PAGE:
EKWB's Nvidia RTX Water Blocks Among First On the Market

EKWB has a bunch of new GPU water blocks that fit the upcoming Nvidia GeForce RTX-series graphics cards available for pre-order from the company’s website. The Copper/Plexi and Copper/Acetal, Nickel/Acetal and Nickel/Plexi blocks priced at $140, $155, and $160, respectively.

The company is one of the first to the RTX aftermarket cooling party, offering four different blocks for both the RTX 2080 and 2080 Ti (for a total of eight new products). These water blocks, under the Vector brand are said to be compatible with all reference design GeForce RTX 2080 or 2080 Ti (respectively) graphics cards. They also accommodate NVLink bridges for multi-GPU setups.

All of the new EKWB RTX water blocks feature two nickel-plated G1/4-inch brass plugs and come with all the necessary mounting mechanisms, screws, nuts and washers you’ll need to attach it to your new RTX graphics card. The nickel-equipped blocks also sport RGB LED lighting that is compatible with mainstream motherboard vendor software such as Asus Aura Sync, Gigabyte RGB Fusion, MSI RGB Mystic Light and AsRock Polychrome Sync. It also comes with thermal pads and grease. The only visible downside is that each of the water blocks’ specification pages state that they are not compatible with Founder’s Edition backplates, and if you want to cover up the exposed PCB you’ll have to purchase an additional EKWB retention backplate.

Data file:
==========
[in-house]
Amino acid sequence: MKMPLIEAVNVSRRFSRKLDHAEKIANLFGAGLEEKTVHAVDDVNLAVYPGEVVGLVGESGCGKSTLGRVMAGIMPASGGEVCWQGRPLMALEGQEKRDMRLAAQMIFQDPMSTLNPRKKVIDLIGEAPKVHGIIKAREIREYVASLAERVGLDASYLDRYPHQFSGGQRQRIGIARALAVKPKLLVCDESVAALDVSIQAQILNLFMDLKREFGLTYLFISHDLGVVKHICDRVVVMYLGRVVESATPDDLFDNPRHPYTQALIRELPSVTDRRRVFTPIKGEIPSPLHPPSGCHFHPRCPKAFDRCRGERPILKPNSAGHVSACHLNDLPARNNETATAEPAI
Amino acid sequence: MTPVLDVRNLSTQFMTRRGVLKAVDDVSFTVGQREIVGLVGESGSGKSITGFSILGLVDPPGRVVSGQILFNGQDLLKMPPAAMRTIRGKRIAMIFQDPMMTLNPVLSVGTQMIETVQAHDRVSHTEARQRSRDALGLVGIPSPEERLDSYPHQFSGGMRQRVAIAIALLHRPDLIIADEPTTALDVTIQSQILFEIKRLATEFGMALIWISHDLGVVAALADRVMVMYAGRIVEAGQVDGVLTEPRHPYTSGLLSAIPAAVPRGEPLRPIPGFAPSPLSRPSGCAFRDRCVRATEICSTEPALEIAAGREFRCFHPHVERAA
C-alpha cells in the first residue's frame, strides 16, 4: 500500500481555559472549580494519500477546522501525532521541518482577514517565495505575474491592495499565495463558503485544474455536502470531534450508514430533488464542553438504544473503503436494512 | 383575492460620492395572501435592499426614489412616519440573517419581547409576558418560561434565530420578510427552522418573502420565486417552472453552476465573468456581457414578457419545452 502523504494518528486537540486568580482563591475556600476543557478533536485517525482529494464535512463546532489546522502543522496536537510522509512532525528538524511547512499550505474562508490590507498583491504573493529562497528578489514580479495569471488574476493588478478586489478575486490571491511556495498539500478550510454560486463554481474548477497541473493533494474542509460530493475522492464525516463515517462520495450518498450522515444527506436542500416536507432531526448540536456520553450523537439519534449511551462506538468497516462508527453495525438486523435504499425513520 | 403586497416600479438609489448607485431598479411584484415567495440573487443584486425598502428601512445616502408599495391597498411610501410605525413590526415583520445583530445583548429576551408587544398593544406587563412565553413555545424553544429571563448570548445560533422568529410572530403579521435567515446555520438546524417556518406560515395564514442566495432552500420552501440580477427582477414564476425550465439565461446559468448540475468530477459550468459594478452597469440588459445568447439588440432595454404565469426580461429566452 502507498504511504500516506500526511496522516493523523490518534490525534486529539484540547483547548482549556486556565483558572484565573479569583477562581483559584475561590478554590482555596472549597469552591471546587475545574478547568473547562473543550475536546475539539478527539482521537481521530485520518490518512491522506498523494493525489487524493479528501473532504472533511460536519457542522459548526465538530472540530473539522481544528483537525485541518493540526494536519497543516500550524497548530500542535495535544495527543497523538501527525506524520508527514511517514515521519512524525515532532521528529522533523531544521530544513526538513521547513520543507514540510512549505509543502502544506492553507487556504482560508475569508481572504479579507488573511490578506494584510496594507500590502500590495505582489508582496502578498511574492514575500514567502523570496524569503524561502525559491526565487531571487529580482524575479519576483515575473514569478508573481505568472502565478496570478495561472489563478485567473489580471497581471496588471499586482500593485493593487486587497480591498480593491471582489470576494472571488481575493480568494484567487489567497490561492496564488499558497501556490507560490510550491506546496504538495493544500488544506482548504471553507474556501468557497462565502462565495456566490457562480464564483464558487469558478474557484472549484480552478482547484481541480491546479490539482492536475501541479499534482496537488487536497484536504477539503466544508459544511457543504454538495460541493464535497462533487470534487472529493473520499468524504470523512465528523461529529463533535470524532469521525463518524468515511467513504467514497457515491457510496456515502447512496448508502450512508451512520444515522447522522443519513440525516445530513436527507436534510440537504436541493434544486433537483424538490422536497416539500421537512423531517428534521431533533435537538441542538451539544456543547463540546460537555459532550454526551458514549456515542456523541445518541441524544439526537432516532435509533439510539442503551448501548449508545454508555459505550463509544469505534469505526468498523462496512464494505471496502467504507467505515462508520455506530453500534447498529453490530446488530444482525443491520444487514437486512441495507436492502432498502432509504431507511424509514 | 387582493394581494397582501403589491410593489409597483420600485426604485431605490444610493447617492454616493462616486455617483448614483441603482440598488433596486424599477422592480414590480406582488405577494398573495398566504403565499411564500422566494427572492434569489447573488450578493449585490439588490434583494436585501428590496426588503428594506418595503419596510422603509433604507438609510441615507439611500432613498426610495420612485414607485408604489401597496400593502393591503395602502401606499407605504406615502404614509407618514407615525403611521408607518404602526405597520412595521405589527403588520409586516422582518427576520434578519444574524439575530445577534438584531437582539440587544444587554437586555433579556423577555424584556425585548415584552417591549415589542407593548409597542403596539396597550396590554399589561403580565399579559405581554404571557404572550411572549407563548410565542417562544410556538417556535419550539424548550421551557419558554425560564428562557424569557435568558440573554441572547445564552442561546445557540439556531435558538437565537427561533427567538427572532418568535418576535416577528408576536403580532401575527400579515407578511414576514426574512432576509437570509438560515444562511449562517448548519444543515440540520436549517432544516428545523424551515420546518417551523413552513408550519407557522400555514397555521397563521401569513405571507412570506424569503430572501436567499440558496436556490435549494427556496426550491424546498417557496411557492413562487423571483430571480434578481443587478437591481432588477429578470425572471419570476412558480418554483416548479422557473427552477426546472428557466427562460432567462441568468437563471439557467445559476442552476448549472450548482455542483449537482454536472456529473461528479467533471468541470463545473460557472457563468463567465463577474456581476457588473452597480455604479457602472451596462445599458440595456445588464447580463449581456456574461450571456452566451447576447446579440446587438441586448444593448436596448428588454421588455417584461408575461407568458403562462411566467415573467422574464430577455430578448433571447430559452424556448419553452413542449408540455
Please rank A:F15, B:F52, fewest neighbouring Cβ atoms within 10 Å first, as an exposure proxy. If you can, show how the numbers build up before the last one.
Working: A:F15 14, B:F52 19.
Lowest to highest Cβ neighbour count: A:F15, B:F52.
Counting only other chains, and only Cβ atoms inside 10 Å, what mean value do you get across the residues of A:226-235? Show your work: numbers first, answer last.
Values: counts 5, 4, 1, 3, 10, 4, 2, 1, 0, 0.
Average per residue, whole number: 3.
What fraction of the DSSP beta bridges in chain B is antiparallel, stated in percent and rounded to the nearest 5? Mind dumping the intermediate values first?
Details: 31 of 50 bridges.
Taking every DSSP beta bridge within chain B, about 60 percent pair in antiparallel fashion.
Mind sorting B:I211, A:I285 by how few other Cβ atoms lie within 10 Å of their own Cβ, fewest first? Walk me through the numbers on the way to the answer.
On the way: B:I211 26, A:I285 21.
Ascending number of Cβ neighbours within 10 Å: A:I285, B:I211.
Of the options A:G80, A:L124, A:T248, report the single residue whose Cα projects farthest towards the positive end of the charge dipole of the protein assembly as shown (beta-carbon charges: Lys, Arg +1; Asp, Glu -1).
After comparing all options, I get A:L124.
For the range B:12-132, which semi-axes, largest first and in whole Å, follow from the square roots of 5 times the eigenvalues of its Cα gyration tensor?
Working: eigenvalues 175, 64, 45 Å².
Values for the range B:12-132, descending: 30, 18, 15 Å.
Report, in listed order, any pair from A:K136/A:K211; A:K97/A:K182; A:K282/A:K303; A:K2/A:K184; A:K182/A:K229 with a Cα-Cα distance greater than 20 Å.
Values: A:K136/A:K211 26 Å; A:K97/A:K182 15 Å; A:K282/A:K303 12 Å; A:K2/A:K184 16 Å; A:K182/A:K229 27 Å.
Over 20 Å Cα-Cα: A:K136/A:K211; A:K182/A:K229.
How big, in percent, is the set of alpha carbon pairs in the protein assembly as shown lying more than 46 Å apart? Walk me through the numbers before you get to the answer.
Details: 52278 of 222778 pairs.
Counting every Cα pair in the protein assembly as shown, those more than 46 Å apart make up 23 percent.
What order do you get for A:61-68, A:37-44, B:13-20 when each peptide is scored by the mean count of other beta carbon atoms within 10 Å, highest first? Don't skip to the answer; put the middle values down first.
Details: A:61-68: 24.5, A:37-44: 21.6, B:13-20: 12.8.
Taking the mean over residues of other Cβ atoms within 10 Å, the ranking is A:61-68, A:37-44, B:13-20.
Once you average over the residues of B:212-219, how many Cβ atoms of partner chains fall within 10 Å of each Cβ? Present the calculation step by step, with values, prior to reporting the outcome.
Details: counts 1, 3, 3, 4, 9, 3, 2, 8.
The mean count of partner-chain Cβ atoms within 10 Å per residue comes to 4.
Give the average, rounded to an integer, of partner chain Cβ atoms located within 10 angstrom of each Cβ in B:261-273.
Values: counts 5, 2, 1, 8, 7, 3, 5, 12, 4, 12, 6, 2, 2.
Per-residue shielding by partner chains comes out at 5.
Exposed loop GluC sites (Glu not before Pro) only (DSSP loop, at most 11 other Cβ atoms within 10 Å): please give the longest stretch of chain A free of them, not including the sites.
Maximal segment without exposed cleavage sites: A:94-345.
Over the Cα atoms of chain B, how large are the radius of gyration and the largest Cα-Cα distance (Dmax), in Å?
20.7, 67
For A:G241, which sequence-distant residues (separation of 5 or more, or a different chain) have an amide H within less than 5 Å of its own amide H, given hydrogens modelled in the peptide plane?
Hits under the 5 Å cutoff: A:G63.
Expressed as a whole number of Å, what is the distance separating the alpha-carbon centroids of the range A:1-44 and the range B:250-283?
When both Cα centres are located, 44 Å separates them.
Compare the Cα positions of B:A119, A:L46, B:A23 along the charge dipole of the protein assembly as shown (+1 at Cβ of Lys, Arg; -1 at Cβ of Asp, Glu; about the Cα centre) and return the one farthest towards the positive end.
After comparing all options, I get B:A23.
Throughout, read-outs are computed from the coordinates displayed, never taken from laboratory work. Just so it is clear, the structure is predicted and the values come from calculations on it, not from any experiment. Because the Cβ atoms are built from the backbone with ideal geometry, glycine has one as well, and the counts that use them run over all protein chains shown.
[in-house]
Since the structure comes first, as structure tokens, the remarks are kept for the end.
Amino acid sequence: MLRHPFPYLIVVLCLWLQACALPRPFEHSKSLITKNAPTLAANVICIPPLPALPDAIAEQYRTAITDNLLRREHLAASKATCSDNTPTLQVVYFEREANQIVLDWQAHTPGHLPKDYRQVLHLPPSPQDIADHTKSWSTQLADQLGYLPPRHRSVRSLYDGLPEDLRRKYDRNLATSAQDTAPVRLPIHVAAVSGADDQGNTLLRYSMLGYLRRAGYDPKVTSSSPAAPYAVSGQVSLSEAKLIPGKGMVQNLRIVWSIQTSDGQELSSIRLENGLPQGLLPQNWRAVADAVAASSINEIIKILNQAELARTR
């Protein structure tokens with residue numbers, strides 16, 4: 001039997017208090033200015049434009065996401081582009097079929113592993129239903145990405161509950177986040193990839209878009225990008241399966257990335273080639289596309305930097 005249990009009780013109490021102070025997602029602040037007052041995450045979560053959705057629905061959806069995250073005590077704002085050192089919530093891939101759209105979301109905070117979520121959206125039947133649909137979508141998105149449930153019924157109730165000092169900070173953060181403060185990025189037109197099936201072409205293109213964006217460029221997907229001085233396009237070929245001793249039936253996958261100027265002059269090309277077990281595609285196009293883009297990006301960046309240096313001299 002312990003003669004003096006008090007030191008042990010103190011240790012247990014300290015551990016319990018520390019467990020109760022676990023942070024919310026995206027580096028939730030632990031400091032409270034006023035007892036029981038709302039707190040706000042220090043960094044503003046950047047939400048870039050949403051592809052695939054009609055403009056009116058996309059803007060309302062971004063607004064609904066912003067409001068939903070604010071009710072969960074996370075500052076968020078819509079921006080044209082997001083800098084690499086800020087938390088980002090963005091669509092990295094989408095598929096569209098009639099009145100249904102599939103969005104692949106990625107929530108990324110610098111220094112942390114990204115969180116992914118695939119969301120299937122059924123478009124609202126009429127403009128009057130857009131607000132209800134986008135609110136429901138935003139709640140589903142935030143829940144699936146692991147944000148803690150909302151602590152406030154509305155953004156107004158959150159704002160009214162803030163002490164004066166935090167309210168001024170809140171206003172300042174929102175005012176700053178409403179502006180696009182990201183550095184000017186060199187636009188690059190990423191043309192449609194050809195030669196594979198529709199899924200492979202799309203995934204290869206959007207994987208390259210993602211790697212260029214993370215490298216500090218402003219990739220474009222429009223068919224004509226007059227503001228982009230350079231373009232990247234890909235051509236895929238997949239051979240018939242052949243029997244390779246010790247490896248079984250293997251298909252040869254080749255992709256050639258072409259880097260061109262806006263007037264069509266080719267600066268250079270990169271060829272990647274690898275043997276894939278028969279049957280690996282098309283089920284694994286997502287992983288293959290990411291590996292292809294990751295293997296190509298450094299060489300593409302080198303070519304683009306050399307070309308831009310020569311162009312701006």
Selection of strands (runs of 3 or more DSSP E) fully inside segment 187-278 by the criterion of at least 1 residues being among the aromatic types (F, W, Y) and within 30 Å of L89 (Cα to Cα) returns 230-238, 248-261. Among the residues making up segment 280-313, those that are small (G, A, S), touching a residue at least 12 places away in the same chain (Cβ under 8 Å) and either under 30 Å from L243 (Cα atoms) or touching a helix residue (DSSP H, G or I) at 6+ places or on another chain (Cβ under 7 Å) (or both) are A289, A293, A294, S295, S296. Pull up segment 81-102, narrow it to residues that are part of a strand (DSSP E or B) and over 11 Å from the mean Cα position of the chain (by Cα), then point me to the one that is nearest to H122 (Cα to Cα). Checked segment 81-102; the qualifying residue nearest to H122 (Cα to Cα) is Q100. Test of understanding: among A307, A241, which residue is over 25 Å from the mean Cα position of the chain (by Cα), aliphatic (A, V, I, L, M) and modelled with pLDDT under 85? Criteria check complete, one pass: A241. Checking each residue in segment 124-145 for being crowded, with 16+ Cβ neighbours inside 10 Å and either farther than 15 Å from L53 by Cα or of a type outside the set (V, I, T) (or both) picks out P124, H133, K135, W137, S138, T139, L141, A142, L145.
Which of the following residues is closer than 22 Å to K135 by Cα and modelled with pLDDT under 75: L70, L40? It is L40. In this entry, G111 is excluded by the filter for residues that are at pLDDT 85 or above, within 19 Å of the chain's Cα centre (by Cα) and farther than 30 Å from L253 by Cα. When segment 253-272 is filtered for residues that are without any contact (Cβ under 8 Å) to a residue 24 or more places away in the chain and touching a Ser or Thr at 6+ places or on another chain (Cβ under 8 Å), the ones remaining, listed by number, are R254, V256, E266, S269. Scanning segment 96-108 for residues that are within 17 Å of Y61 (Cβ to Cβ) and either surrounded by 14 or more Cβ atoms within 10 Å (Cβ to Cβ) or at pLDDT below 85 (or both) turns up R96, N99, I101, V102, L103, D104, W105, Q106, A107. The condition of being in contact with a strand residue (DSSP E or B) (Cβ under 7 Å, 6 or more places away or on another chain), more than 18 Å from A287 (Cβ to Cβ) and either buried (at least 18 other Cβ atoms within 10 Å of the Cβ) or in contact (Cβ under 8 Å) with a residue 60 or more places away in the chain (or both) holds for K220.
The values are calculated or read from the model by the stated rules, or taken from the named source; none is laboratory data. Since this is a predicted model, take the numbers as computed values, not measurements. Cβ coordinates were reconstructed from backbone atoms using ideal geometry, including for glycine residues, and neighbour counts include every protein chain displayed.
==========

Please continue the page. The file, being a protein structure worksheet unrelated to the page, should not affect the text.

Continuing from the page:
Derek Forrest
Derek Forrest is a Contributing Writer for Tom's Hardware US. He writes hardware news and reviews gaming desktops and laptops.
  • darkomaledictus
    All this for 3% clock increase... Find water coolers pretty useless for video cards. Most them overclock pretty badly and when they do its not worth the hassle.
  • massacrex
    Water cooling allows your rig to run more quietly in addition to clocking higher. Plus, I find water cooled rigs to be more aesthetically pleasing (if done properly). It's a hassle if you don't like to tinker with things, but it's fun for an enthusiast.
  • rubix_1011
    'Watercooling' is not a pseudonym for 'overclocking', so let's make sure we're not making this assumption. You can certainly do one without the other.

    Also, with a full cover watercooling block, you might see 30-50% reduction in core load temperatures on your GPU. It's rather substantial to go from seeing 85C temps down to seeing 45C temps at load with a proper loop setup.